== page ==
Barefoot and minimalist shoe running have gained popularity in the last few years. Maybe you’ve seen people wearing Vibram “toe shoes” or heard about this barefoot running trend.
Whether you’ve read the book “Born to Run” and barefoot/minimalist running has piqued your interest, or you just think it is a completely wacky trend, there is a lot of debate about the benefits and validity of the movement. I’ve seen articles claiming that barefoot running is the only safe way to run and articles claiming that barefoot running is inherently dangerous.
It seems to be a polarizing topic that many people are passionate about (on both sides of the issue). I’m not a fan of wearing shoes and avoid them whenever possible, so I was excited to try the barefoot running trend.
Here’s what I found.
Why Barefoot Running?
Before I tried barefoot running, I consulted a friend who is a physical therapist about the safety of it and any possible problems.
He explained that when barefoot running is done correctly and worked up to slowly, it can be safe, but that many people jump in and begin running the same way they’ve always run, just without shoes, and that this causes problems.
From what he explained, the foot strikes the ground differently when shoes are worn. With shoes, a person is more likely to heel strike, or let the heel touch the ground first (especially unless the person has specifically trained not to run this way). Without shoes, landing in a heel strike can be damaging to the foot, especially over time, and it is much better to land on the mid-foot or top of the foot.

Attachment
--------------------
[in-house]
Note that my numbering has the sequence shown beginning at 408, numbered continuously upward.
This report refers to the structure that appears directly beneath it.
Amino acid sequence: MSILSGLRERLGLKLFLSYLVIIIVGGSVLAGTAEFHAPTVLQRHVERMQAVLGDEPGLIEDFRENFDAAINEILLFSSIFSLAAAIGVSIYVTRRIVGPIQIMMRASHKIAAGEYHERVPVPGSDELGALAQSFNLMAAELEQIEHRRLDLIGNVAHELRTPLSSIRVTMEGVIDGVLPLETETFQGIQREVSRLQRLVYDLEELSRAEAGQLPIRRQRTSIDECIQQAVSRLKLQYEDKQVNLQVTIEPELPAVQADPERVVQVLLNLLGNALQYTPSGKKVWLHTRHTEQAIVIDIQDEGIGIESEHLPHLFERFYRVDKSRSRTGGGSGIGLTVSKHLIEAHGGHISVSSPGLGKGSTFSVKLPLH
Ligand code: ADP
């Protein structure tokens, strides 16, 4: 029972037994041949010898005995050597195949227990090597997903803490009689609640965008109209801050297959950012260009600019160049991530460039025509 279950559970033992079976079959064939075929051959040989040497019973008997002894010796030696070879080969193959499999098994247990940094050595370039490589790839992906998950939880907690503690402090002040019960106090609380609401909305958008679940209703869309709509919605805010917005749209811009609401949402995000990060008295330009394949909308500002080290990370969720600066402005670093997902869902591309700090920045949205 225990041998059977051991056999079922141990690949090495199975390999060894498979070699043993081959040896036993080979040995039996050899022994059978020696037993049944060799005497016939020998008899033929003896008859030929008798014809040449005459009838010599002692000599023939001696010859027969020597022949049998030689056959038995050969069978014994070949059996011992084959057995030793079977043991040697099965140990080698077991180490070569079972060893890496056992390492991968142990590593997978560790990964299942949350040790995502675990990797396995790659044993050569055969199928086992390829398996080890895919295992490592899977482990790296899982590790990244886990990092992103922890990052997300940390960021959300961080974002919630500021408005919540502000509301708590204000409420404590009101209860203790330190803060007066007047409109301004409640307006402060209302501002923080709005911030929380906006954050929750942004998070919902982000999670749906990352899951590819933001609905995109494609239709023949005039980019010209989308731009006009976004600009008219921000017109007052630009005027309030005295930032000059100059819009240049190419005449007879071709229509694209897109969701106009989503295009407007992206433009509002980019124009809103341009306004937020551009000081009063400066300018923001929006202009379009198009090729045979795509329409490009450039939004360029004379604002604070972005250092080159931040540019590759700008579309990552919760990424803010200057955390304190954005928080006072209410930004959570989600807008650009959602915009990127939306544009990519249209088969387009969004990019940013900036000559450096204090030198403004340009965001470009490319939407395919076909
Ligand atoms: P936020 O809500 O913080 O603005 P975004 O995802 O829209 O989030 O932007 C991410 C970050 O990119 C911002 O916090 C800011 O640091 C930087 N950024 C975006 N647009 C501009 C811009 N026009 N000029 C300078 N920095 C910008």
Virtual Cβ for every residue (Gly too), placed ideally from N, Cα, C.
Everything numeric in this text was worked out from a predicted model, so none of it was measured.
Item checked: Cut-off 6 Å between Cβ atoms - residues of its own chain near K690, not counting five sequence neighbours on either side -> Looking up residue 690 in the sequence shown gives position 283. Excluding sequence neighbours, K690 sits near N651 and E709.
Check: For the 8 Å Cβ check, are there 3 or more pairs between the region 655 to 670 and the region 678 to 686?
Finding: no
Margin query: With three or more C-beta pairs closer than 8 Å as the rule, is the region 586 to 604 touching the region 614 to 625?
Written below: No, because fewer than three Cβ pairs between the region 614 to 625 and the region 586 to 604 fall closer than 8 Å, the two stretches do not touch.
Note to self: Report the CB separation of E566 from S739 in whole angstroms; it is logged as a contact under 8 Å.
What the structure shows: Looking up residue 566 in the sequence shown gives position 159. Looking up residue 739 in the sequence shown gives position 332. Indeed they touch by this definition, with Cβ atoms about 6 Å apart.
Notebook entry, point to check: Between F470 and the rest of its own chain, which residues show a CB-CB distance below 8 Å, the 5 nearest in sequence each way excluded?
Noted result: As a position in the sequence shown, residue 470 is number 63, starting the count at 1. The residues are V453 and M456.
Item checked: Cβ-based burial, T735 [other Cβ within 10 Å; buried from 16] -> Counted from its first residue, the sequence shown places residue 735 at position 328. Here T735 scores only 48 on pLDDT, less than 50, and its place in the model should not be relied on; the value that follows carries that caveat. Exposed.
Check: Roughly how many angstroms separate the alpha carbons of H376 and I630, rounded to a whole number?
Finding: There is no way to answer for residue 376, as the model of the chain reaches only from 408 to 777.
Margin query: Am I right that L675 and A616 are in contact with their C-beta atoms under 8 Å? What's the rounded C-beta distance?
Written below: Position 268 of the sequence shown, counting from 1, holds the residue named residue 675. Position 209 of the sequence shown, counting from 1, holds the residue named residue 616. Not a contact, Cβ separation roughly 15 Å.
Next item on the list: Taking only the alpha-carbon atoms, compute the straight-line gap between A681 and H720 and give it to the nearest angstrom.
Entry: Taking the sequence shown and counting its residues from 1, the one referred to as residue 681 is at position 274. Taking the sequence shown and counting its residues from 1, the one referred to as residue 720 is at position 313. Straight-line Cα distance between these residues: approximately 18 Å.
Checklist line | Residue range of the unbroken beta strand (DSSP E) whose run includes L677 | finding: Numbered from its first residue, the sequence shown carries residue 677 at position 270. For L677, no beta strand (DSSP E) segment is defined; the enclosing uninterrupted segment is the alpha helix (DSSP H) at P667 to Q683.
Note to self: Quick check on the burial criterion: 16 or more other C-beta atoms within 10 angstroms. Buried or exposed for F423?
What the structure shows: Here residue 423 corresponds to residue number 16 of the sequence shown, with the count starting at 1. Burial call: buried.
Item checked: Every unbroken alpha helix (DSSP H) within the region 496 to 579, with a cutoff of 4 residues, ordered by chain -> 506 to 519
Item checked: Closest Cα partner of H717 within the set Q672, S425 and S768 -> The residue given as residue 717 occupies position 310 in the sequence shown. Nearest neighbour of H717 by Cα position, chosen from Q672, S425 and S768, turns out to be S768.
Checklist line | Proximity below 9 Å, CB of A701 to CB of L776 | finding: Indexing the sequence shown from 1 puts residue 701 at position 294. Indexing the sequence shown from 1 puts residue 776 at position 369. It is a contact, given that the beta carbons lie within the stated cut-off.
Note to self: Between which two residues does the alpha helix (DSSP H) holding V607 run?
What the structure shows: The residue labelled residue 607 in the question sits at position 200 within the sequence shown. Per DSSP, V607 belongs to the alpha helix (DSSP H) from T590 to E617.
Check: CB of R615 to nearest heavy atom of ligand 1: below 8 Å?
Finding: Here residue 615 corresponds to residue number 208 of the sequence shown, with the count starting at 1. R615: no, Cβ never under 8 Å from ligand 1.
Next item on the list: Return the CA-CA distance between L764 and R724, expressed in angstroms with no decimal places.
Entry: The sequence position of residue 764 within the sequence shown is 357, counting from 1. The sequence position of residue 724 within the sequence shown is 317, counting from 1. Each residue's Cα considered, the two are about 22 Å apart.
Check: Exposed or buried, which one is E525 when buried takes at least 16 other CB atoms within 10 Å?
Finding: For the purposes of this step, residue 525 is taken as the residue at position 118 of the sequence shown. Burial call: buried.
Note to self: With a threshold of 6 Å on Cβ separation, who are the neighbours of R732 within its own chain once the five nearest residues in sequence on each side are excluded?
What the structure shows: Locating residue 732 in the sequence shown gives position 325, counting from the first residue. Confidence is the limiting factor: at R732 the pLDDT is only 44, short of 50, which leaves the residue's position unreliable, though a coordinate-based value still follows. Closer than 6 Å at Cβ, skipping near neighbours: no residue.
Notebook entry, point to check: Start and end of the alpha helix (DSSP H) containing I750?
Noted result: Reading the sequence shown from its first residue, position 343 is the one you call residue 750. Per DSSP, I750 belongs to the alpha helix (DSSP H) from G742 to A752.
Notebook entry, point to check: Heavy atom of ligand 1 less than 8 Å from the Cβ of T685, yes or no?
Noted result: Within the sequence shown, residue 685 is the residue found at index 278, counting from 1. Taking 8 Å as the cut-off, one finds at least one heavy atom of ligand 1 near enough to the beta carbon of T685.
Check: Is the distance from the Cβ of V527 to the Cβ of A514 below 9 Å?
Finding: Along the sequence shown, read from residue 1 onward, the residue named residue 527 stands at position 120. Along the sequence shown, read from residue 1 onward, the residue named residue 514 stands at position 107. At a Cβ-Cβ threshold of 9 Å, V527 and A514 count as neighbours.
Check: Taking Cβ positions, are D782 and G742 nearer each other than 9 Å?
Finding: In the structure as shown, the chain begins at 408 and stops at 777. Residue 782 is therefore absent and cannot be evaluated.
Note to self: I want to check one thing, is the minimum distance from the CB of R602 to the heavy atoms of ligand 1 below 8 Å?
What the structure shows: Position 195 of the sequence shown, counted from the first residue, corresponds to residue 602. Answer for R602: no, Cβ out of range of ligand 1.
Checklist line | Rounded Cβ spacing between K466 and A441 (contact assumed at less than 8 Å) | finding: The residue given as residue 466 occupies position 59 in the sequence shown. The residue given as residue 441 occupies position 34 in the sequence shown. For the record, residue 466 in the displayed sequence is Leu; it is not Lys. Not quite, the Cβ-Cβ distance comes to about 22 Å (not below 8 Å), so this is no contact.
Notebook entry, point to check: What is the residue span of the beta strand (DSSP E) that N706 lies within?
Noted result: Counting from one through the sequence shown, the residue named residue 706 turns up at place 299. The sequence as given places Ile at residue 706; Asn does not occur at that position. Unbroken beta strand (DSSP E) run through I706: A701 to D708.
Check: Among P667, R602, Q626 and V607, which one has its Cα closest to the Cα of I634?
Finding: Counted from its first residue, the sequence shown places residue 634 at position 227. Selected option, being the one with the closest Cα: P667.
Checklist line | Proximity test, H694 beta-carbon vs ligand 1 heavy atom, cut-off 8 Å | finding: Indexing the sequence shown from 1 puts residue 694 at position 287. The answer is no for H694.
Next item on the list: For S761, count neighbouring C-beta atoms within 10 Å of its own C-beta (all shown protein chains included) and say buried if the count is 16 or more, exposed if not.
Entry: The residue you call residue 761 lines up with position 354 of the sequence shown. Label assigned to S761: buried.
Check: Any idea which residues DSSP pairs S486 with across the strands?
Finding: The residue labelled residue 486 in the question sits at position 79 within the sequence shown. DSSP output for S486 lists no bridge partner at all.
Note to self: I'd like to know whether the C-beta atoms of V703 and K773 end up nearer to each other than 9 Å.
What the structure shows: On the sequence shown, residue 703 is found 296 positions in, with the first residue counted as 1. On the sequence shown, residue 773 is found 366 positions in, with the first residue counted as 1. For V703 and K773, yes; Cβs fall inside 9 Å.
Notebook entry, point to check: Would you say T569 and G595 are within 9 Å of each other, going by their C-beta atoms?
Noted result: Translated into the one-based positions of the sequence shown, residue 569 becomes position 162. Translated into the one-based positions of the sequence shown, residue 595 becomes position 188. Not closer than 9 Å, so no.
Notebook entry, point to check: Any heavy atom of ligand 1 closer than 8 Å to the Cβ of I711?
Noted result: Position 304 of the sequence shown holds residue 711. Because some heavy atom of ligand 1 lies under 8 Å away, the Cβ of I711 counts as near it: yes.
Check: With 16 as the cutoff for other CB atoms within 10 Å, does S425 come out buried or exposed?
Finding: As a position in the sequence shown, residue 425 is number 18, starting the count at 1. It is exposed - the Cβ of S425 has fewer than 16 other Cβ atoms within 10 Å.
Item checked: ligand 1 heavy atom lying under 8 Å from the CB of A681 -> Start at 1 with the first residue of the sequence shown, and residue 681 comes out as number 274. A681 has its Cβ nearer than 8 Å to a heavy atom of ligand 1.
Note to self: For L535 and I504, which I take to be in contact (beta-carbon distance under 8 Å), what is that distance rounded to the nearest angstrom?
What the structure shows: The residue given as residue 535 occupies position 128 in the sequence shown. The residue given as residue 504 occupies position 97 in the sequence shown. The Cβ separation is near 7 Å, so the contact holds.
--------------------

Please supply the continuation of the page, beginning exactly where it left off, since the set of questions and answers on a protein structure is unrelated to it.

If a person tries to run with a heel strike in minimalist shoes or barefoot, this is likely to cause discomfort or even injury as the full impact of the strike is absorbed in the heel and transferred up the leg. Landing in a mid-foot strike allows for a more gentle impact and reduces this risk.
Even if a person begins running with a mid-foot strike when switching to minimalist shoes or barefoot options, the process uses the muscles of the foot and leg different, and should be worked up to slowly. I speak from experience on this one, as my first day running in five-fingers, I pushed too hard and ended up with really sore calves for about a week.
The benefits of running in minimalist shoes or barefoot are that it naturally leads to a shorter stride, which means a lower impact on the feet and legs, and that it leads to landing with a slightly flatter foot, which may also help reduce injury.
Should You Run Barefoot?
What I learned: Learn to run better before you try to learn to run barefoot. Even if you don’t want to run barefoot, there may be benefits to learning to run like you are, as it is gentler on the feet and legs and may reduce the chance of injury.
If you heel strike like I did, I found it helpful to practice on nice soft grass and focusing on landing mid-foot (plus, this brought back memories of running around the backyard barefoot as a kid). When running this way, the heel still hits the ground, just not before the ball of your foot does (many people make this mistake, never let their heels touch, get really sore calves, possibly Achilles issues and swear off barefoot/minimalist running for life).
Another thing to focus on is increasing turnover. This means taking smaller steps but moving the legs more quickly. Instead of extending the foot in front of the body to propel forward, I focused on just leaning my body slightly forward to propel myself and “catching” myself during a controlled forward fall.
I also found it helpful to wear minimalist shoes. As much as I loved being barefoot in the grass, this wasn’t doable on concrete or harder surfaces and minimalist shoes like five-fingers protected my feet but allowed me to work on my running technique.
The Bottom Line?
Barefoot walking and running (or wearing minimalist shoes) has been great for me, but it seems that many people do this with poor technique, leading to injury and giving the trend a bad name.
Ever run barefoot? Want to start? Share below!